AIDS still a big threat, says VP

The government has announced plans to put in place a special focus in regions with higher HIV/AIDs prevalence rates, saying that the killer disease remains a threat in the country.

The Vice-President, Dr Mohamed Gharib Bilal

Vice-President Dr Mohamed Gharib Bilal who was chief guest at the special event to mark the World AIDS Day in Dar es Salaam, called on all Tanzanians to play a devoted role in making the fight a success.

Dr Bilal said that although the country’s prevalence rate has gone down to 5.1 per cent, there are still some regions with over 10 per cent.

“According to 2011/12 survey, HIV/AIDs prevalence rate is at 5.1 for Tanzanian men and women aged between 15 and 49 years, which is a reduction by 0.6 from 5.7 per cent in 2007/2008.

Infection is still high for women at 6.2 per cent while men’s rates revolve around 3.8 per cent,” he observed. He noted that as per the said statistics, there are about 1.5 million Tanzanians living with HIV/AIDs, calling on all those who have started taking life-prolonging drugs to abide by medical prescription.

Dr Bilal further noted that the same statistics show that some regions are still faced with higher infection rate percentages, including Njombe (14.8), Iringa (9.1), Mbeya (9.0), Rukwa (6.2), Katavi (5.9), Coast (5.9), Dar es Salaam (6.9), Ruvuma (7.0) and Shinyanga (7.4).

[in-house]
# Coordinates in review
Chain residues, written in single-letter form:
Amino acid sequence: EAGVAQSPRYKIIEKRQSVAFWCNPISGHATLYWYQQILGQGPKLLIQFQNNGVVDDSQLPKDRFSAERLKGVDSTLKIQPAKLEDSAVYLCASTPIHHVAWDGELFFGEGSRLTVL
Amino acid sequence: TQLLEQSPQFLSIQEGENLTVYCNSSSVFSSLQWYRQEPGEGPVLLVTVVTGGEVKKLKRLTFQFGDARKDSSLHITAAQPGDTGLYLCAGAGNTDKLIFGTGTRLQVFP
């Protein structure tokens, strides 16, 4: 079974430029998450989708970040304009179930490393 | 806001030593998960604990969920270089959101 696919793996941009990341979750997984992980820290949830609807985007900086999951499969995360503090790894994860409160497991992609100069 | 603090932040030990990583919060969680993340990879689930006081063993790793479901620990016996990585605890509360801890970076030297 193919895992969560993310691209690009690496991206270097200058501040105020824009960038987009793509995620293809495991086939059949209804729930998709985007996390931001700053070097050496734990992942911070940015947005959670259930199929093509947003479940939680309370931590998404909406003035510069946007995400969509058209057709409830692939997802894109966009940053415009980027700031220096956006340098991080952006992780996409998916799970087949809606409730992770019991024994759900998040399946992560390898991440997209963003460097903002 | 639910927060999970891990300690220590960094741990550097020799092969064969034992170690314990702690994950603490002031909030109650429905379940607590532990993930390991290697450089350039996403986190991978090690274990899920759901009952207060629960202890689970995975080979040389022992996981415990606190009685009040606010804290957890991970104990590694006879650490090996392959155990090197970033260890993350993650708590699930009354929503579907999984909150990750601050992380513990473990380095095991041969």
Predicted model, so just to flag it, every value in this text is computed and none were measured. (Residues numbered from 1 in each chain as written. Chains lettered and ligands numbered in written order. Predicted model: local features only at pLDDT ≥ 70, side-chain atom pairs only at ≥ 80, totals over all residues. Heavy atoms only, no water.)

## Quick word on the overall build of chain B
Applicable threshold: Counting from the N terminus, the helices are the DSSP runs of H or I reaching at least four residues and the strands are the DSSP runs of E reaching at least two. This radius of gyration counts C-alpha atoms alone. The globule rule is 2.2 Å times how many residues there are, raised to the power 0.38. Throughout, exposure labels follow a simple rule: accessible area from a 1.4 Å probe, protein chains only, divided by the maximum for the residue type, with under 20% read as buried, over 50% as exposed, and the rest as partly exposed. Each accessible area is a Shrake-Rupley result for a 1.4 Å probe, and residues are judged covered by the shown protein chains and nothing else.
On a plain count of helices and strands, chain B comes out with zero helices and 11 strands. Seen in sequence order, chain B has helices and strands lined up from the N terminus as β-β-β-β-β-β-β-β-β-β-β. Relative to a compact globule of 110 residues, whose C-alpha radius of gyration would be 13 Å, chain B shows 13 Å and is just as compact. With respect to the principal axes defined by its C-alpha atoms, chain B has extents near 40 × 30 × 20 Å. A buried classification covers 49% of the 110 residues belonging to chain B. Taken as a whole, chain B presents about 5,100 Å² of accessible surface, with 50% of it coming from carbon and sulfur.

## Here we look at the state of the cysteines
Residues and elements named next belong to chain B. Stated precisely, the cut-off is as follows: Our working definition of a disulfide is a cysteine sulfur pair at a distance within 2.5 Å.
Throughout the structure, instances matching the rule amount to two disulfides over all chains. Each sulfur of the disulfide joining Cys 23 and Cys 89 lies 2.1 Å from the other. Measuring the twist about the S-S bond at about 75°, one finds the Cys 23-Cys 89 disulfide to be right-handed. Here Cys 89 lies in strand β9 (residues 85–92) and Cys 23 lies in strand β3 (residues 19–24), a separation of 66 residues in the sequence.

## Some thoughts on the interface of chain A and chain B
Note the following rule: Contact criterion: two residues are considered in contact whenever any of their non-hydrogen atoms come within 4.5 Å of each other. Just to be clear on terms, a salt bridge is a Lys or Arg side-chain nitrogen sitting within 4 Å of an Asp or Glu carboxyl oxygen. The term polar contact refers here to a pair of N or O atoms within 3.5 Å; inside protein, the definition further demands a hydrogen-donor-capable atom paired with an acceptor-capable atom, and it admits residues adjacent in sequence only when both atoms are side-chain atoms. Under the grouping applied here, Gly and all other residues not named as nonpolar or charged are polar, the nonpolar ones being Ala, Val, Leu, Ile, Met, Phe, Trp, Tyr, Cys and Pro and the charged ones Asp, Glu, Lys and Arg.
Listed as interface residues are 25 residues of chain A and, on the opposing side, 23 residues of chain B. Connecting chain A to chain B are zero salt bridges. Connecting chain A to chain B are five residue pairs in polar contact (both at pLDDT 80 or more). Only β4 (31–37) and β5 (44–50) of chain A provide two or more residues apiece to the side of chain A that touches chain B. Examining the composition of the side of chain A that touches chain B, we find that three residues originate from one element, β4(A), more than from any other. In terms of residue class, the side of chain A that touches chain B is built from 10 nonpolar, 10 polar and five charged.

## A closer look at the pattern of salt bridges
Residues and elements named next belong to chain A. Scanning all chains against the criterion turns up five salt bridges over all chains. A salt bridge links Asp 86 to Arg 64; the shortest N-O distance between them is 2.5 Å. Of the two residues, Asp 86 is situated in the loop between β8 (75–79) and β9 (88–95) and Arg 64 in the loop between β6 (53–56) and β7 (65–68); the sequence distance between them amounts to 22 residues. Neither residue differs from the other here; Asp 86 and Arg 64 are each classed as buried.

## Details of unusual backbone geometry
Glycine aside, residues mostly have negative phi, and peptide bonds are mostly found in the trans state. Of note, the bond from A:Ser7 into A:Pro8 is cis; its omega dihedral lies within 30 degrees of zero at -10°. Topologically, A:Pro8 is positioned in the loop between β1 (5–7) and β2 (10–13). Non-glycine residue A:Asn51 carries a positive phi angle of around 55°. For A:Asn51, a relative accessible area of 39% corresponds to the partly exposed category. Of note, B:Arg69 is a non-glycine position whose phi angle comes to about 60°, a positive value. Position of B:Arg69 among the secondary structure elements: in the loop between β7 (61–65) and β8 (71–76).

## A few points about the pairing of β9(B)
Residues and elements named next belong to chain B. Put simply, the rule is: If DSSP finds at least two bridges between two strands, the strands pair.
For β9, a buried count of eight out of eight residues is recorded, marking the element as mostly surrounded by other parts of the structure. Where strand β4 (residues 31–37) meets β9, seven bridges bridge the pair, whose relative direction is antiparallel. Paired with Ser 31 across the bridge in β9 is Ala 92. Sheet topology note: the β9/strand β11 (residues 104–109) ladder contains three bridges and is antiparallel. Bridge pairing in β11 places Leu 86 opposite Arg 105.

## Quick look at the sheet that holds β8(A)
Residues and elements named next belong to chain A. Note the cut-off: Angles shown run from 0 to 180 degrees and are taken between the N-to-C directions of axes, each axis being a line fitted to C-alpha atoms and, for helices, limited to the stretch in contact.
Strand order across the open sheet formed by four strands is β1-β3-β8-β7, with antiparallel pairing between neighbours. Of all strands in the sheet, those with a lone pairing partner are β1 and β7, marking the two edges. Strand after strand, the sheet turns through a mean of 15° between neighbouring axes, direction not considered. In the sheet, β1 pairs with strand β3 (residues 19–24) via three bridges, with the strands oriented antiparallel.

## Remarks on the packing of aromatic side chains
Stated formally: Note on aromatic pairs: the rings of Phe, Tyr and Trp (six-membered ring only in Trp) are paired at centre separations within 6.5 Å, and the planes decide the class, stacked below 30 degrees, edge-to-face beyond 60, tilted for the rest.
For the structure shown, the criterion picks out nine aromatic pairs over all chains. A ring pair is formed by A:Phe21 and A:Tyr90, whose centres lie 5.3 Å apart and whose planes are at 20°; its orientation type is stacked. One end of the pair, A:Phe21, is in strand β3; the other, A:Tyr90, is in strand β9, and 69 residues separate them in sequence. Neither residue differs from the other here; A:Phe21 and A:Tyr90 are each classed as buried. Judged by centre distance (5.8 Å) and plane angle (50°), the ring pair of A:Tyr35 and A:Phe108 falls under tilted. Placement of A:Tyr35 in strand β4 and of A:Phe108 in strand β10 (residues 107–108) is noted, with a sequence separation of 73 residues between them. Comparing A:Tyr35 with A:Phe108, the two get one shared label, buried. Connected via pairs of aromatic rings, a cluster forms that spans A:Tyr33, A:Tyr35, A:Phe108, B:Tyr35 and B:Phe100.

Manyara and Tanga have the lowest rates at 1.5 and 2.4 respectively. “We will continue to put much emphasis on the regions with higher infection rates while sustaining efforts in the regions with low infections,” he said.

He added that the government, through Tanzania Commission for AIDS (TACAIDS), has analysed factors behind higher infections at the regions in question and various measures have been taken.

“Various efforts are being taken, including male circumcision, reducing infections from mother to child and treating sexually transmitted diseases (STDs),” he said.

He also handed over one CD4 machine to Mbeya Region, which marked the beginning of the distribution of 37 machines worth over 1bn/-, being aid from the American government.

“These machines will be used in 21 health centres, with clinics in the northern highland regions. We thank the American government for this aid extended to us through Walter Reed Army,” he said.

Dr Bilal called on TACAIDS and other agencies in the government to take stern measures against suppliers of fake ARVs as the practice puts the life of infected individuals in the risk of dying prematurely. He added that special focus was also on special groups including those abusing drugs and sexual workers.

Earlier, the Deputy Minister for Health and Social Welfare, Dr Seif Rashid, noted that the HIV/AIDs fight was moving in the right track with most of its targets likely to be achieved. “We are determined to end deaths caused by HIV/ AIDs and prevent new infections.

We have put much emphasis on preventing mother to child infection,” he reported. Dr Rashid noted that 16 regions in the country were well equipped with equipment to help fight transmission of viruses from mother to child, adding that the major setback was on 50 per cent of women who still give birth at home.

By ABDULWAKIL SAIBOKO, Tanzania Daily News

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